“In most Greek poleis [city-states], the tribal monarchy gradually disappeared, to be replaced by government by nobles from the most powerful families who had also, in the past, been military leaders: those who called themselves the community’s best men, the aristoi. The rivalry between these families frequently led to chaos; sometimes a single person seized power and ruled as a tyrant; at other times efforts to achieve peace resulted in power sharing between several socio-economic groups.”

p. rietbergen (2015) with my comment in brackets

This was a problem. Why? Imagine yourself in the place of a Persian emperor. How would you select a regional ruler for your new subjects who would be both loyal to you and effective in keeping (your) law and order among these subjects? If there is no clear elite group that the conquered people recognized as authority also before you came along, then you have a problem. Of course, I don’t know what you would do, but the Persians opted for what seems to me a ‘quick and dirty’ solution – they sponsored a local tyrant and appointed him as a placeman. I would even venture to say – as a kind of ‘placeholder’.

Having tyrants as rulers was nothing extremely new for the Greeks back then, but we must be careful about how we understand the meaning of this word. For ancient Greeks, especially during the Archaic age (roughly – before Athenian democracy), a tyrant was a neutral word and carried no negative moral load as it does now.

In Archaic Greece, a tyrant meant someone who seized absolute power without having formal legal right to do so. But in order to seize such power and successfully oppose those who ruled, tyrants often had to rely on the support of the people.


The ‘placemen’ tyrants appointed by the Persians had all the might of Persian empire behind them (especially the army!) – they did not need the support of the people they were instructed to rule. In such circumstances and having the specific context in mind, it is easy to imagine that Greeks of the conquered Ionian city-states could grow very dissatisfied indeed, and after almost 50 years of what must have felt like unchecked rule of some ‘placemen’ they were ripe for rebellion. As often happens in such situations, people only needed a spark to unleash the pent-up fire of their discontent.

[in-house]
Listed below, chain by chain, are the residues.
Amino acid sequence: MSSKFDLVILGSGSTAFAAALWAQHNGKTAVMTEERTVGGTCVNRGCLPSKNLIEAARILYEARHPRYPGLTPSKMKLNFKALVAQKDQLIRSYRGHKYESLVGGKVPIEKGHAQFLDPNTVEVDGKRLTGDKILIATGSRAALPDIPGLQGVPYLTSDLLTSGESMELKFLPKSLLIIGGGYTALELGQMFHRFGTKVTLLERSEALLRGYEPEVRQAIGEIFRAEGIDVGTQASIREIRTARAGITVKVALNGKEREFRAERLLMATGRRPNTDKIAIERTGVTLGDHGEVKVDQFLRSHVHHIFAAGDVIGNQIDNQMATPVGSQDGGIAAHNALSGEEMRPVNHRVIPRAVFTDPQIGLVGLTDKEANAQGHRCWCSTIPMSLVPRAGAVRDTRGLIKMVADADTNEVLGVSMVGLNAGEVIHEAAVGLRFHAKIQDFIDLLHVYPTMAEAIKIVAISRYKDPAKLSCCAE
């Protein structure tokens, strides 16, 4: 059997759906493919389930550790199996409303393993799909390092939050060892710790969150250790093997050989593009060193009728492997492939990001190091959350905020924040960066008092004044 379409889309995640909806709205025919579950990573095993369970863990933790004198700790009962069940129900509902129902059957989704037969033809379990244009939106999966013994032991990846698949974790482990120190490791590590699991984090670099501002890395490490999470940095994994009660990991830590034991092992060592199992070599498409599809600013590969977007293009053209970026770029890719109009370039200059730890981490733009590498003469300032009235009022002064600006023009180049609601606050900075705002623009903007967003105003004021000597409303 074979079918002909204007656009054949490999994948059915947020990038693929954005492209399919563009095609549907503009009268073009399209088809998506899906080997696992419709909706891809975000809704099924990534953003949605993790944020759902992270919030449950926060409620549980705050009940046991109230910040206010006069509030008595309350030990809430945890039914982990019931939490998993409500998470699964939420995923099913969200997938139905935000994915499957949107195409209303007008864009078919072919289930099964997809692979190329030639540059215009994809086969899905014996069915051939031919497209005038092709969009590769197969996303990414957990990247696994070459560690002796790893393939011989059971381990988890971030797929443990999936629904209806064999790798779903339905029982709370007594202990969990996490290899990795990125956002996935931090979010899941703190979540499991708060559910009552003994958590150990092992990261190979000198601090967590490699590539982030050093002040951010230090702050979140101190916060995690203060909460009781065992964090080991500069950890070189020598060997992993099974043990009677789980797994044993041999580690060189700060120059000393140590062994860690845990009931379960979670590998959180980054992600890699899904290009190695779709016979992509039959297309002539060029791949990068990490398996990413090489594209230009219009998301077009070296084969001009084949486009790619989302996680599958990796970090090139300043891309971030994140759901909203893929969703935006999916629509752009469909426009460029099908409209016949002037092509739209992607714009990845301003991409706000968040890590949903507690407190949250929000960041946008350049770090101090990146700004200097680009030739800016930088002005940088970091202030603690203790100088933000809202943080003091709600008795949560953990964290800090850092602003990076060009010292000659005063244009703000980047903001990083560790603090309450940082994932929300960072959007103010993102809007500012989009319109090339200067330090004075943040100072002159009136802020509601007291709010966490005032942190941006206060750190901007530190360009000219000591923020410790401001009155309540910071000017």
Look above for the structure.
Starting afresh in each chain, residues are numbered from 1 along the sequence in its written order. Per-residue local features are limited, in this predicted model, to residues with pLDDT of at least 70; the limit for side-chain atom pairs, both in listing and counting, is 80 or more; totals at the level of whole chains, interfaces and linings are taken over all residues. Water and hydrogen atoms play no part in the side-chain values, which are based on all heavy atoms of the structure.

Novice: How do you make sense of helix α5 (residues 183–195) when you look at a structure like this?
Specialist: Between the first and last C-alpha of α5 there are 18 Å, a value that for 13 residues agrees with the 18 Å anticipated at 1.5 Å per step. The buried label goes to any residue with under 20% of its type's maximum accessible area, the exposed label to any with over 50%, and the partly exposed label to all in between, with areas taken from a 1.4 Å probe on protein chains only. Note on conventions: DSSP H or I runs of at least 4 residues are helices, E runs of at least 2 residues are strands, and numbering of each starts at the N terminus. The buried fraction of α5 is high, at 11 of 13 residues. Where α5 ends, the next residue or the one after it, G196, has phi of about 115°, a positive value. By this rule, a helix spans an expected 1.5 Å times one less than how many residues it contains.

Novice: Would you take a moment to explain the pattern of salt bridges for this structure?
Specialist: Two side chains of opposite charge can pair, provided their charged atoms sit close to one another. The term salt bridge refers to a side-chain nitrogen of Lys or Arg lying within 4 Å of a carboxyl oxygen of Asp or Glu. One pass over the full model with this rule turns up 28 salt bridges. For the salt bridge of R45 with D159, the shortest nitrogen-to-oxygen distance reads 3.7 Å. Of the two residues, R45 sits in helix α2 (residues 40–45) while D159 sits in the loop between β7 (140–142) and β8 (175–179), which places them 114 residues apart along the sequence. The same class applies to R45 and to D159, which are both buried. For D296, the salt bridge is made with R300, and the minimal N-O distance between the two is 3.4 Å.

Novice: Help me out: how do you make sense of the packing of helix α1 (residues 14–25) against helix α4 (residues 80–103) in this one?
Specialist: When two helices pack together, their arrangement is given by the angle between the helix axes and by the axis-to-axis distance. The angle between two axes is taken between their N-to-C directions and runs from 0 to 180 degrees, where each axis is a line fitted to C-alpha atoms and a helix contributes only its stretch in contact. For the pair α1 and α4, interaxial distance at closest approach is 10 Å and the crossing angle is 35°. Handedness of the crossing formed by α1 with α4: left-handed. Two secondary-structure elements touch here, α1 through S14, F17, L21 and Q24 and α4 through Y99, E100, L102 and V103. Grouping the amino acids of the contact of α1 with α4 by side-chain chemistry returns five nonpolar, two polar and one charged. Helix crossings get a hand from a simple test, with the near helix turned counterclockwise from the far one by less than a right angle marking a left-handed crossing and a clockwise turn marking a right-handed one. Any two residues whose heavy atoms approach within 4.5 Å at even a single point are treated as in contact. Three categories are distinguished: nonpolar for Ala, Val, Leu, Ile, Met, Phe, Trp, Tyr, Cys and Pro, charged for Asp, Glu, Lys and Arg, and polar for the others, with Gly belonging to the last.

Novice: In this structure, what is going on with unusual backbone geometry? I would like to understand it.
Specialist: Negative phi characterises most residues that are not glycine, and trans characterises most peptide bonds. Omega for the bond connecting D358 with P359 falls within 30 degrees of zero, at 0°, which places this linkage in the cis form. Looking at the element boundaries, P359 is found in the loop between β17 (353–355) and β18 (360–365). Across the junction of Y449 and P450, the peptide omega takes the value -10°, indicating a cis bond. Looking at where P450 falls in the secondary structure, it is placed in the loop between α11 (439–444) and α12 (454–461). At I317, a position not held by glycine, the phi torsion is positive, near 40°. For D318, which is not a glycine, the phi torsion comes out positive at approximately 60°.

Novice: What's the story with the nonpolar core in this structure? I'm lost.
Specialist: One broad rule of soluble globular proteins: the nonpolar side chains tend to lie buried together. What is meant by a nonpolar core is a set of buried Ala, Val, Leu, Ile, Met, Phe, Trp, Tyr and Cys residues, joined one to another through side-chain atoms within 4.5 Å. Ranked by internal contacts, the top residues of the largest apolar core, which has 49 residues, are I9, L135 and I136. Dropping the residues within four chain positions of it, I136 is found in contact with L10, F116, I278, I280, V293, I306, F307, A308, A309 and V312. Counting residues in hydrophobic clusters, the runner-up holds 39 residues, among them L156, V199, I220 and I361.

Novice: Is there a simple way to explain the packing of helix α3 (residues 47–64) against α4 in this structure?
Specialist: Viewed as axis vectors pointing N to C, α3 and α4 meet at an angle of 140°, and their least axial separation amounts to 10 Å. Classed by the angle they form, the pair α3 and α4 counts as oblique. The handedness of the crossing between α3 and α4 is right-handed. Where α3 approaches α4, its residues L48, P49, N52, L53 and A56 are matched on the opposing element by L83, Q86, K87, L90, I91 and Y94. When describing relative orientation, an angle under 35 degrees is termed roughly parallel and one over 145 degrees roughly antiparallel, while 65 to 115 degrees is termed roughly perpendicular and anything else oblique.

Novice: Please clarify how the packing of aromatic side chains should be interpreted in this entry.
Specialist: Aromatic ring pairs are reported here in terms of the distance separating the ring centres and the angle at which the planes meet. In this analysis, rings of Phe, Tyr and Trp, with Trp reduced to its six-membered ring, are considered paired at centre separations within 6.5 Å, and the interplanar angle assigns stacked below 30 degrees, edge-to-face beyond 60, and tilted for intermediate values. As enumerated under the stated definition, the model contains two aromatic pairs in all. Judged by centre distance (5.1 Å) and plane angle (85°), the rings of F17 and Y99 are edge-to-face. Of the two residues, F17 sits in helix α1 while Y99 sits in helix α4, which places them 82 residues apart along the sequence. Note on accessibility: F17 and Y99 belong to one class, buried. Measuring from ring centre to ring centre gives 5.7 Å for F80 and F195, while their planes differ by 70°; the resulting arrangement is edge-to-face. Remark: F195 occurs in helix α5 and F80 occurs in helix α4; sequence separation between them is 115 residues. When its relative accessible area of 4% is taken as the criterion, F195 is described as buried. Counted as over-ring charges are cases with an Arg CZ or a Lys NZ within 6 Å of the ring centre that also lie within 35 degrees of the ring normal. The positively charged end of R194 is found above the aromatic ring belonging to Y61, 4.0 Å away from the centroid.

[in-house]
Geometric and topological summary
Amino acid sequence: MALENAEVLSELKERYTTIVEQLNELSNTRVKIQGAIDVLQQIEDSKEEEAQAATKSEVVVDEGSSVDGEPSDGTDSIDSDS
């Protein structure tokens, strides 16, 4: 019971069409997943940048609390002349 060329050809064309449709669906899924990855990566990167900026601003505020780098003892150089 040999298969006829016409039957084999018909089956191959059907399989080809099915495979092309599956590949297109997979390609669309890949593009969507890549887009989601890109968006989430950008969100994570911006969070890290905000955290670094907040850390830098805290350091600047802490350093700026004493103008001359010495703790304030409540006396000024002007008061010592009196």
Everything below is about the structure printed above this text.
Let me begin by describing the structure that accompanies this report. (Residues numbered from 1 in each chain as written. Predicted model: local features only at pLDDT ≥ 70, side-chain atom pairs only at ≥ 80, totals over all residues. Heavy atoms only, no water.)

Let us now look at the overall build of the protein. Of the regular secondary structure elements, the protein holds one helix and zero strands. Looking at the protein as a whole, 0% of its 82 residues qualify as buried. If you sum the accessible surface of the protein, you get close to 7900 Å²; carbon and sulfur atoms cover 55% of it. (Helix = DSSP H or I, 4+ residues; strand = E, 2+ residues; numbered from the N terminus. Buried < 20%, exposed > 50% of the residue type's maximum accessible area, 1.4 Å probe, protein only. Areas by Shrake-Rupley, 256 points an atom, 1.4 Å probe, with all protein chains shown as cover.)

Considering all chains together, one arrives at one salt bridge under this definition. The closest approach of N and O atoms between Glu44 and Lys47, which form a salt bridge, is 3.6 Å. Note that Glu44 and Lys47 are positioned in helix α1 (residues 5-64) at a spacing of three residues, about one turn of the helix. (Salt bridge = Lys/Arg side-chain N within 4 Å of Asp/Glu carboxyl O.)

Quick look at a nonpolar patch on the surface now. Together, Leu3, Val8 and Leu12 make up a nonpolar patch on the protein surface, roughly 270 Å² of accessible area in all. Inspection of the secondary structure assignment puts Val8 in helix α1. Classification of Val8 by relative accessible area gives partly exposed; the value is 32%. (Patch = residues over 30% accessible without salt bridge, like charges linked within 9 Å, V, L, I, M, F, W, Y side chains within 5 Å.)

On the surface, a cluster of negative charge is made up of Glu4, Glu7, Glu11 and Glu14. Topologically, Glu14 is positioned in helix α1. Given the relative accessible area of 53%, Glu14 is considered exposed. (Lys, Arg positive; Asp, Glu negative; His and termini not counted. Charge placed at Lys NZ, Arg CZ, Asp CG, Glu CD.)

Ironically, the spark came from the then-tyrant of Miletus who decided to act very opportunistically when one of his military missions together with the Persian emperor’s brother and general turned into fiasco and risked him his post as a tyrant. Now, if you really like your career and you sense it is being threatened by your boss, what do you do? That’s right, you incite your whole department to rebel against the boss. At least, that was this guy’s approach. We can see how Milesians might have been unhappy about such ‘leadership’.

Be that as it may, people needed a spark and they were given a spark. In 499 BCE the Ionian revolt, with Miletus at its center, against the Persian rule began. Things will take a crucial turn in Greek history after this. Not least because they had help from Athens and Eretria. This was significant because the Persian king saw this as betrayal and vowed to punish these city-states by embarking on a campaign to conquer all of Greece.

Why was this seen as betrayal and why did the Persian king make it his goal to subjugate Athens and entire mainland Greece? This is the next part of our journey. I hope you are enjoying our trip, and I will see you at our next ‘stop’.

keep exploring!

Resources I used for this article:

  1. Norman Davies “Europe: a history”, HarperPerennial, first edition 1998
  2. Peter Adamson “Classical Philosophy”, the first volume in his series “A history of philosophy without any gaps”, Oxford University Press 2014 
  3. Peter Rietbergen “Europe: A Cultural History”, Routledge, third edition 2015
  4. YouTube channel`s History Time video “Entire History of the Persian Achaemenid Empire (550-330 BC) / Ancient History Documentary”: https://www.youtube.com/watch?v=34oQfaJiy7w 
  5. Wikipedia on Greco-Persian wars: https://en.wikipedia.org/wiki/Greco-Persian_Wars  

Image(1) By User:Megistias – Own work data fromGrece Archaice (620-480 Avant J.C.),ISBN 978-960-6709-90-6Blank map from Image:Map greek sanctuaries-fr.svg., CC BY-SA 3.0, https://commons.wikimedia.org/w/index.php?curid=3201392

Image(2) By Aldan-2 – [1][2][3], CC BY-SA 4.0, https://commons.wikimedia.org/w/index.php?curid=76823770

Image(3) By Regaliorum / Based on a map in The Times History Atlas of the World – https://en.wikipedia.org/wiki/File:Greek_Colonization.png, Public Domain, https://commons.wikimedia.org/w/index.php?curid=31888155

2 thoughts on “130 Years Before Socrates: Historical Exploration (Part 1 – Persians Conquer Ionia)

  1. Pingback: Xenophanes from Colophon – a Pre-Socratic Greek Philosopher (ca. 540 BCE) – humanfactor

  2. Pingback: Ancient Tale of Happiness – humanfactor